Wyatt is set in  Melbourne with considerable action centring around Armadale and an area where I lived for five years (Malvern). The familiar street names added considerably to my delight in this book as I was able to mentally follow the action.   It is evident that Disher has done his research well. At one stage I could even picture him driving around the routes taken by his bunch of over ambitious and back stabbing thieves.

© Helen Rutten

Update 11.1.11

This guest-blog is now cross-posted at Helen from Oz because Helen now has her own blog too!

Author: Gary Disher
Title: Wyatt
Publisher: Text Publishing, 2010
ISBN: 9781921656811
Source: Review copy courtesy of Text Publishing


  1. Good for you Helen. Nice review too.

    Like Lisa, I am not a big crime fiction reader. However, I am thinking of reading this one because I think it would be good to read at least one Disher, given he’s Australian and well-reviewed. You haven’t discouraged me (even if I am not a Melbournite).


  2. Hi Sue, love your post re Vance Palmer, I have his The Big Fellow that won the MF on the TBR and am determined to get to it in the next 12 months – he and Nettie are giants of Oz Lit:)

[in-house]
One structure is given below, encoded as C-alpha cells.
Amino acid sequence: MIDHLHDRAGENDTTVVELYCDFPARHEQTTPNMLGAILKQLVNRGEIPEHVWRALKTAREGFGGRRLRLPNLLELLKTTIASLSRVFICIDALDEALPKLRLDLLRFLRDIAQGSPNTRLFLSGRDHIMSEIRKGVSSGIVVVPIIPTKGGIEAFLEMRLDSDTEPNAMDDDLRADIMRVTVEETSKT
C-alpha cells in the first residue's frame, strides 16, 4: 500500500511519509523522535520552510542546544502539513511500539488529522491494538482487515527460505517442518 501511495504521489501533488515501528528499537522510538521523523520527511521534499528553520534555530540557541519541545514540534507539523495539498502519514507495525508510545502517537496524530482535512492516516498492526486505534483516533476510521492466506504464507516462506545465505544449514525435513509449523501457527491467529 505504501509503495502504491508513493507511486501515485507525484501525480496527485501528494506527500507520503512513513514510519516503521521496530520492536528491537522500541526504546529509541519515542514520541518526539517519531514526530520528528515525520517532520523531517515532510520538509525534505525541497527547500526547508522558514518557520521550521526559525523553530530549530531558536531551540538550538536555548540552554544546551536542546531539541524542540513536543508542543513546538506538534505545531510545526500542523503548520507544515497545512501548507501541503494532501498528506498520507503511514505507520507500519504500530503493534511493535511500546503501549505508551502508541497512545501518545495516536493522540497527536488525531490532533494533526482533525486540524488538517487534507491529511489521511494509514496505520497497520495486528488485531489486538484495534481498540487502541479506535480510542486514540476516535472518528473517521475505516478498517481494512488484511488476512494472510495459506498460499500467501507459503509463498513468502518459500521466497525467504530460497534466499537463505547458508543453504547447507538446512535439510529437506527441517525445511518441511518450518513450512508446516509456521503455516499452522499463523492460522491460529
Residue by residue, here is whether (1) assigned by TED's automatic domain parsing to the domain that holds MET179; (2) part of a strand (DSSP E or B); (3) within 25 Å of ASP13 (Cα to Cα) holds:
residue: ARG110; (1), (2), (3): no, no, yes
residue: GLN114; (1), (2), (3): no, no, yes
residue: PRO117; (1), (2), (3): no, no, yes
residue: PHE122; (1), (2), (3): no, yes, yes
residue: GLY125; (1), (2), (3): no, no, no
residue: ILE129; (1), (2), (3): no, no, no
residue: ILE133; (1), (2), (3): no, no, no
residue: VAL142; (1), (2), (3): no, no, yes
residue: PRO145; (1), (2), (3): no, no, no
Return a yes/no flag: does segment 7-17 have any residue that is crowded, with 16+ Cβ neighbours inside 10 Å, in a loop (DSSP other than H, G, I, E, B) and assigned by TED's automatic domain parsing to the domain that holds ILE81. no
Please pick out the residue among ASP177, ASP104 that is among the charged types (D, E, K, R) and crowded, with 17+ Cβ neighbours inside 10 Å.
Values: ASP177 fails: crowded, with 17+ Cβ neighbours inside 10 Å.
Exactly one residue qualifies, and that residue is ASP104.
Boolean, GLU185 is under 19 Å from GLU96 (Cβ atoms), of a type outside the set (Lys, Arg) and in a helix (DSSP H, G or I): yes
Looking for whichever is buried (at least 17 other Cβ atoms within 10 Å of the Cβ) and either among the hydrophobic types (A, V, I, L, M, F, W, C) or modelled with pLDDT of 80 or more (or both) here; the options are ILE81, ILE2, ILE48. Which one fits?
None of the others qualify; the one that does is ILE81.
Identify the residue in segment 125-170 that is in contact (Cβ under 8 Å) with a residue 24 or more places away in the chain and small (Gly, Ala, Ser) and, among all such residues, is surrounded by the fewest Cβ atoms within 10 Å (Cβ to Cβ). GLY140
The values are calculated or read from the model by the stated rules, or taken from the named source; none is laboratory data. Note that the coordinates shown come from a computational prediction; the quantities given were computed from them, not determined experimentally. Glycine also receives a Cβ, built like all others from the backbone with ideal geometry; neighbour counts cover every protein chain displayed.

Disher is under-rated I think, mainly because he is badged for the YA market. I read his The Divine Wind and thought it was well done, the sort of book rich in themes that’s great for Y12 when it can be matched up with books on similar themes from wide reading. (It was about the kamikaze bombing of Broome, but also about discrimination.)


  3. Thanks. I read a lot by Vance Palmer last year when I was dipping into the ABC Weekly for which he wrote a weekly column. I read his The passage at school, and want to read it again. I agree that he and Nettie were giants. The 1920s-40s were exciting times here literature wise I think.

    Must admit, I mostly knew of Disher for his YA stuff but had been become aware a few years ago that he’s also written for adults. Will see if I can get to this one since it’s in my hot little hands, but … hmmm … so much to read and do. Hope the first day back was OK?


    • I had a lovely day at school. I was not looking forward to it yesterday because I had grown to like loafing about with books, but the kids were sooo lovely and so pleased to see me, and staff were so welcoming it was a great day:)
      And I read The Wind in the Willows to my Year 3 & 4 students and I always love reading that!


  4. As a Western writer, my first thought was: Earp.


  5. […] reading a group of fictional anti-heroes. First cab/or book off the rank was Garry Disher’s Wyatt, the unloveable villain you can’t help loving. Now Wyatt did have a conscience of sorts. […]


  6. […] read (though that’s not to say I wouldn’t read them if I had the time). So, like Lisa at ANZLitLovers and as I did for my last LibraryThing Early Reviewers copy of That Paris Year, I decided to use […]


  7. […] and reading a group of fictional anti-heroes. First cab/or book off the rank was Garry Disher’s Wyatt, the unloveable villain you can’t help loving. Now Wyatt did have a conscience of sorts. […]